The case of the linen thief (or discomforted staff member)

When I first came here, there were 96 residents. We had plenty of gowns, bed linens, washcloths, and towels. But over the years the number of residents has gone down and our supplies are more limited. At times the aides have difficulty finding enough towels and washcloths to give residents for showers or to do their AM and HS care. The facility has pretty much done away with disposable wipes, so towels and wash cloths are necessary for the aides to do their job.

There have been discussions at resident council about the towel and washcloth situation. Management and some staffers are convinced they are being stolen or thrown away. Management has told us they are trying very hard to keep control of the towel and washcloth inventory. But at times there are still not enough.

I suggested that towels and washcloths be bagged separately from other linens and personal items so they can be washed more often during the day. But management said the aides do not have time to sort laundry.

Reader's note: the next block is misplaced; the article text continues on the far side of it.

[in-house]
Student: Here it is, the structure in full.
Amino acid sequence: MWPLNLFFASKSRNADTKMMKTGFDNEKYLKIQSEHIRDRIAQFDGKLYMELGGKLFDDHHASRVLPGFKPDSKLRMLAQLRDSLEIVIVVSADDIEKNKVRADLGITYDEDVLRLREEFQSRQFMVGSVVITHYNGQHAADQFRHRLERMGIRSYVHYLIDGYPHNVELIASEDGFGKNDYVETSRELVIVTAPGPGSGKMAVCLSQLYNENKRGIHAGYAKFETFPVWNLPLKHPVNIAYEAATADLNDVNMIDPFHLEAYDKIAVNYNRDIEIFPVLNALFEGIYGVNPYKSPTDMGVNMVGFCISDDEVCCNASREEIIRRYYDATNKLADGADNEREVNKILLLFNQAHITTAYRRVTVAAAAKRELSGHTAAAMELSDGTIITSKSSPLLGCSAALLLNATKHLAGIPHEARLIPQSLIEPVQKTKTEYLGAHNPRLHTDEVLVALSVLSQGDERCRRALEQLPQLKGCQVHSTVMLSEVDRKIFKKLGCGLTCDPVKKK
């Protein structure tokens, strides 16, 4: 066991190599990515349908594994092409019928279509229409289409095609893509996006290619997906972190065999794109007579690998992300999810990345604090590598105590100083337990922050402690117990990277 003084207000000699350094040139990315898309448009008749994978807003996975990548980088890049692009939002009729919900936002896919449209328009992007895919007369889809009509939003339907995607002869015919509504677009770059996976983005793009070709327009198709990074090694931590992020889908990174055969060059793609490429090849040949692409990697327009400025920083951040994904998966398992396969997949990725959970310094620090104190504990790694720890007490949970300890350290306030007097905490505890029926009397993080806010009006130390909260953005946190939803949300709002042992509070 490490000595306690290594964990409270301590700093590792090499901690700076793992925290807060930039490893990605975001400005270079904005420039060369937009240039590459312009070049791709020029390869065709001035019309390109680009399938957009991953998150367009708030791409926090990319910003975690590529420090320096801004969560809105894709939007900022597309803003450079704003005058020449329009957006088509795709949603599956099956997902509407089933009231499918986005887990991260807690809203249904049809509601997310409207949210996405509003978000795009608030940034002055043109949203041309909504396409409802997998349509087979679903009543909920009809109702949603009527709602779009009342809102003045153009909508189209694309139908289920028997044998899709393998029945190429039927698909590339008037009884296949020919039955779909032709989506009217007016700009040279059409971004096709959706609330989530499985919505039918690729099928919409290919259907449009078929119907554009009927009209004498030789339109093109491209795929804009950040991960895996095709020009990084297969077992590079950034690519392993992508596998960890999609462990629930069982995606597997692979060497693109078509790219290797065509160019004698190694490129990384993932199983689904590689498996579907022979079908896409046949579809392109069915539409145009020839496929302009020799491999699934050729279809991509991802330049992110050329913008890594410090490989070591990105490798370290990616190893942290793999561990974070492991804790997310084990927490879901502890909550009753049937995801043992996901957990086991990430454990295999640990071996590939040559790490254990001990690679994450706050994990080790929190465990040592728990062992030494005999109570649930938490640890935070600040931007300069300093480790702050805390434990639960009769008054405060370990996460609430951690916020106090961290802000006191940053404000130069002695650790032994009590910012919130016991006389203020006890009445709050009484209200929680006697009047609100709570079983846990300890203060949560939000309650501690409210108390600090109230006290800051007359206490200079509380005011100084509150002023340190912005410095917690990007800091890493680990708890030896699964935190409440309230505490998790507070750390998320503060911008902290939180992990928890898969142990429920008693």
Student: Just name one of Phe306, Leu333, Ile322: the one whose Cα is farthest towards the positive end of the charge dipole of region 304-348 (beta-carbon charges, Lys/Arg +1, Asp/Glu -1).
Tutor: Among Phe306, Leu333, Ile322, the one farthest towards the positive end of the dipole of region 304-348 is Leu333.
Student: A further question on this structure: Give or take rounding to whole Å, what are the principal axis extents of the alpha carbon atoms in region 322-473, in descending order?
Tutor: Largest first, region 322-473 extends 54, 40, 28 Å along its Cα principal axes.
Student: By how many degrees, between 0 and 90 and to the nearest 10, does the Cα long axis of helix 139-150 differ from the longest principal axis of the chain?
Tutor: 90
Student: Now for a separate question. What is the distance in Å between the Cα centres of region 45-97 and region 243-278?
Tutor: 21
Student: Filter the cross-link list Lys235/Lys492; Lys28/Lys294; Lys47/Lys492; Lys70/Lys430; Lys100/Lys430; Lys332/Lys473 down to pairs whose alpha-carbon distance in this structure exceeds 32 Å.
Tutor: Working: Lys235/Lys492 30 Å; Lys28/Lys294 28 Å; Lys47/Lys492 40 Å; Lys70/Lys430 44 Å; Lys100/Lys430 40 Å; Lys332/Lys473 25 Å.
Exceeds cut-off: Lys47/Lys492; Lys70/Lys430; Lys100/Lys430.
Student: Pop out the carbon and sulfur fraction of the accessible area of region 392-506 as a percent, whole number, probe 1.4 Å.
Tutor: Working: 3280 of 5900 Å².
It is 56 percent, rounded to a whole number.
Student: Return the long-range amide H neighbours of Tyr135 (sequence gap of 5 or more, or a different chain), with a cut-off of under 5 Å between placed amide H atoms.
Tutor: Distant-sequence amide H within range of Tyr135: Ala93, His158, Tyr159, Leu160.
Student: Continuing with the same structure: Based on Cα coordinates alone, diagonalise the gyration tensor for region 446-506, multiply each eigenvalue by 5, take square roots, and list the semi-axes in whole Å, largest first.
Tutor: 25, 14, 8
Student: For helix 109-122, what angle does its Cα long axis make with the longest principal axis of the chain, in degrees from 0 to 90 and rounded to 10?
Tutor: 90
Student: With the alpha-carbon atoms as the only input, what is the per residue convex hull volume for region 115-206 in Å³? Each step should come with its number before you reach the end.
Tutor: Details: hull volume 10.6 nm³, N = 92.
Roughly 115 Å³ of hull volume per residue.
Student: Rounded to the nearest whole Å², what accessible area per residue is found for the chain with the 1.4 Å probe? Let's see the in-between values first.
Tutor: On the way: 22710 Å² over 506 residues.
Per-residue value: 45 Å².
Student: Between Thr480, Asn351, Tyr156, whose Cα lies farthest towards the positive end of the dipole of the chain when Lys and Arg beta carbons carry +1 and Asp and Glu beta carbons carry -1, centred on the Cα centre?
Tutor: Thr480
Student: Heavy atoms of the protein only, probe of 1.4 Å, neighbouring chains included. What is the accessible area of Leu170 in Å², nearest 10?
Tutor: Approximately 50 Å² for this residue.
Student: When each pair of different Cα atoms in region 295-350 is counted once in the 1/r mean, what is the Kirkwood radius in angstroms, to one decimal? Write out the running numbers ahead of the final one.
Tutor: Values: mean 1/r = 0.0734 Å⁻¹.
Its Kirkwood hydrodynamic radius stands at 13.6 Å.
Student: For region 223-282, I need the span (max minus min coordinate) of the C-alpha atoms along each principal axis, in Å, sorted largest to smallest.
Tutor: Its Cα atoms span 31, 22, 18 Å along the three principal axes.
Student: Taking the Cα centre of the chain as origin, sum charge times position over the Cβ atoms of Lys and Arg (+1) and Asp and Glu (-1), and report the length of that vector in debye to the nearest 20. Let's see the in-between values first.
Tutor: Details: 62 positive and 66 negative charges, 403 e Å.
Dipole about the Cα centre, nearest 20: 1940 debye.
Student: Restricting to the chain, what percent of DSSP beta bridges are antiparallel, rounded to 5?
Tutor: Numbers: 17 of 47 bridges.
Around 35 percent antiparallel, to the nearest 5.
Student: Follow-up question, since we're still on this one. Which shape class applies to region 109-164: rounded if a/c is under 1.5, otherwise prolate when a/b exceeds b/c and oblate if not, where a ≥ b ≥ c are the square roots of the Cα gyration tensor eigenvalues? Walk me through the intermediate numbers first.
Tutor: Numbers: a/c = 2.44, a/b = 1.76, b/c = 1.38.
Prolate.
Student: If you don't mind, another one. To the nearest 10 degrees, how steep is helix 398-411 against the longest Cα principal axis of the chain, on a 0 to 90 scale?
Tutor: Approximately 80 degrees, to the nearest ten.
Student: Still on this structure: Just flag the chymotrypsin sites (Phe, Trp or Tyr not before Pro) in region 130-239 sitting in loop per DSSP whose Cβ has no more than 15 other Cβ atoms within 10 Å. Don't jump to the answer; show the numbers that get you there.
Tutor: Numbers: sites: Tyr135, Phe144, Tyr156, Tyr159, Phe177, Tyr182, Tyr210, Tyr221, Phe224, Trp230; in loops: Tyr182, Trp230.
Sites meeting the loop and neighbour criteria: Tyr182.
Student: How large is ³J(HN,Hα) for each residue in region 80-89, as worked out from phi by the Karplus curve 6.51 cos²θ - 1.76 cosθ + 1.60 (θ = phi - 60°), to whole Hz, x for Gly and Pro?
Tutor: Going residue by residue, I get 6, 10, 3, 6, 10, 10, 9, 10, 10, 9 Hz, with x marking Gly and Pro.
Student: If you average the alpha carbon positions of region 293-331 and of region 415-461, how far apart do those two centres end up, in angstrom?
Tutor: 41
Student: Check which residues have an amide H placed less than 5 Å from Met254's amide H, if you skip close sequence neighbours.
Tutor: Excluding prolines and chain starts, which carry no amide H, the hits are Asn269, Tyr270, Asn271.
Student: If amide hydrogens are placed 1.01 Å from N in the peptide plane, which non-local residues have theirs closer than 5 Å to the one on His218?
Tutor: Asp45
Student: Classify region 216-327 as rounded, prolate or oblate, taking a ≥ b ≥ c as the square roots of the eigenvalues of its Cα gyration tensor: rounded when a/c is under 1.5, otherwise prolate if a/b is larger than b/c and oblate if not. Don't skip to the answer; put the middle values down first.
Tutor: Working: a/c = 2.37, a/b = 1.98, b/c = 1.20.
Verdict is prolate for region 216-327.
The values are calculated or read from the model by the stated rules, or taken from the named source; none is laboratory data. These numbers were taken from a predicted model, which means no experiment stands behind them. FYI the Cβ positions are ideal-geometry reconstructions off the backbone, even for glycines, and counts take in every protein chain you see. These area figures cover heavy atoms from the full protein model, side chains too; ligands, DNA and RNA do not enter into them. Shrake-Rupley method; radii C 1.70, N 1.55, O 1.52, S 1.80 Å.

Laundry is done on dayshift and afternoon shift. There is no laundry person here at night. Lately, night shift has had to pitch in and wash some towels and wash cloths so that there are enough for the next morning.

Cleaning up incontinent residents throughout the day is a task. Rinsing out the linens afterwards may not be pleasant, but it is quite important. Wash cloths and towels might be being thrown away to avoid rinsing them. Or someone could be taking them. Whoever might be doing it knows that the towels and washcloths belong to the residents because they are used on them.

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